It’s a big, dusty, hot, crazy town. But we have an ace in the hole- the lovely Jenny, girlfriend of Ahna’s cousin Evan. We meet her two nights running, and eat great Goan and Tibetan food. She’s charming and smart and we hope she gets her visa soon so she can visit us!
While our evenings were spent gossiping with Jenny and listening to Nirvana cover bands, we’re here on a mission: we need to get yellow fever vaccines.
They’re very expensive in the states (hundreds of dollars!) and we figured we’d get them in Delhi.
A little research and we have the numbers of a couple of clinics that administer said vaccine.
I call to make appointments for us.
Can we come in tomorrow for vaccinations?
Umm, why not?
Okay. I call the next clinic. It’s deja vu all over again.
We are getting frustrated, and time is of the essence, because you need 10 days for the vaccine to be effective. We are leaving for Africa very soon.
Mr. Gurpreet Singh, manager of our fabulous B and B, offers to solve the problem for us.
He sends us out with the driver to All India Medical.
It’s a public hospital. Imagine your basic University Hospital, but in India. People everywhere: on gurneys in the hall, on the sidewalk. It’s also the epicenter of a noisy, large, protest against police inaction in some recent, upsetting cases of violence against women and children. We’re trying to stay in our happy places while we get out of the car.
The driver leads us through the crowds and sends us into the ER. But its the pediatric ER. A sadder place has never been seen. The doc sends us away. telling the driver we can’t get the vaccine at All India. Grrr.
More research at the hotel, and we are sent to the prosperous suburb of Gurgeon, to a private hospital, where we have been assured we can get vaccinated.
We have our own personal assistant to escort us to the proper floor, where we fill out admittance forms and pay an 800 (that’s $16) rupee fee for consult.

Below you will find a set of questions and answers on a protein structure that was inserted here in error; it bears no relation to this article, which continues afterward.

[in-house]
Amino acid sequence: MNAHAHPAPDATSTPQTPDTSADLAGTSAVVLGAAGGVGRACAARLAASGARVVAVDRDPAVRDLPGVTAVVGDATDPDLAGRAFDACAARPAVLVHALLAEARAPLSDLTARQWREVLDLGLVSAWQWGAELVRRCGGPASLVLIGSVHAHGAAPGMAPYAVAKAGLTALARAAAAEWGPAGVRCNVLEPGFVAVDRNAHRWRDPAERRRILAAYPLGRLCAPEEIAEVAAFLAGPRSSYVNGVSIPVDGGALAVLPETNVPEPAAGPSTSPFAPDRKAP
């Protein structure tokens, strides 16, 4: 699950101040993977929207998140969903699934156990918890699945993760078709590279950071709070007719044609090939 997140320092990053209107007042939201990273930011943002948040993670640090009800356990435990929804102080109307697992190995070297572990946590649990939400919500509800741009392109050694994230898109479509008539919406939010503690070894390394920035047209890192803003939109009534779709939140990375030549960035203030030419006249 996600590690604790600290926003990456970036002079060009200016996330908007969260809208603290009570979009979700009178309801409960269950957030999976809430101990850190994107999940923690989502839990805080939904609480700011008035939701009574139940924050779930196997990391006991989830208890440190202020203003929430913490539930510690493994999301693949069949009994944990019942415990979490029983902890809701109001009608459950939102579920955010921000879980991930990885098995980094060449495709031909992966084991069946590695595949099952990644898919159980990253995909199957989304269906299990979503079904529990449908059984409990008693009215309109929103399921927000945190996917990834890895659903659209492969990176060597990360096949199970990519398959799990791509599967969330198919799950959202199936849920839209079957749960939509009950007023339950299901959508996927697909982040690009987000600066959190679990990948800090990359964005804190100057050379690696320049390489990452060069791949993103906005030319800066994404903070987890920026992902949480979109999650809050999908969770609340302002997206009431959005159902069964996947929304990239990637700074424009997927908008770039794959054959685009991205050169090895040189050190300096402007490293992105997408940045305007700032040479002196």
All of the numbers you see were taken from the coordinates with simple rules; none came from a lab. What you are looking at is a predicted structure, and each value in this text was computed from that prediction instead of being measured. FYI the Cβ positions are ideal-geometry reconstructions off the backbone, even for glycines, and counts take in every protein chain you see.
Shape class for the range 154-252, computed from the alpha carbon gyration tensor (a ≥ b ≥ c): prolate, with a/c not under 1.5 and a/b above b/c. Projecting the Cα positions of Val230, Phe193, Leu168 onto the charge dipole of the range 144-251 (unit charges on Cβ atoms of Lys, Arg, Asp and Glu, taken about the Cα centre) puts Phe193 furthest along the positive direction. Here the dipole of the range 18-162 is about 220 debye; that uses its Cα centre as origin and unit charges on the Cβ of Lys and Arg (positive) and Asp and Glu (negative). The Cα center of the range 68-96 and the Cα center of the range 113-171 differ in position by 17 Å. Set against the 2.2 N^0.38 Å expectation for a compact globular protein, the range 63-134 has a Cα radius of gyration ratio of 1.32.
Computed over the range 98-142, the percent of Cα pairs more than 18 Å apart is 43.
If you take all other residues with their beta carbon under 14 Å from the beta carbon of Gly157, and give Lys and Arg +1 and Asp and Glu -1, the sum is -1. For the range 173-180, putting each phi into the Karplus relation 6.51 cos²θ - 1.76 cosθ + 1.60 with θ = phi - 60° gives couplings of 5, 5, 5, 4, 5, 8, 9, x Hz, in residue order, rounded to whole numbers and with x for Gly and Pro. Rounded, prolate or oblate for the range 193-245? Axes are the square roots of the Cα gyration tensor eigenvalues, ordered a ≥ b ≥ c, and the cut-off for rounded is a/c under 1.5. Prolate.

The doctor is wonderful, but when we tell her why we’re there, she shakes her head. No vaccine. We need to go to the clinic.
But they don’t have any vaccine! We tell her. Oh, yes, there’s a shortage. Maybe RML Hospital will have some, she suggests.
We stop at the cashier and get our 800 rupees back.
So, RML Hospital it is. Another public hospital.
The yellow fever vaccination clinic is inexplicably located in the psychiatric building. No one stops us: We just walk in and wander around the grounds. The patients are enjoying the morning sunshine. Ahna is looking for the clinic, and starts walking into the men’s ward. In the psych building. I’ve never seen her do such a quick about-face. She almost created a wormhole.
After quizzing some nice security guards, it turns out we’re in the right place, but the clinic is closed. It’s a holiday. This is getting silly.
Mr. Singh has one more trick up his sleeve. He knows of a private clinic that manages travel health for the embassies.
He accompanies us to the offices, and we follow the nurse into the exam room. Ahna hops on the table and gets her shot.
My turn. The nurse looks at me questioningly.
I need one too, I tell her. She makes a call to the front desk, and after much furtive whispering, informs me that there are no more vaccines.
Ahna got the last yellow fever vaccination in all of India. We’re halfway there!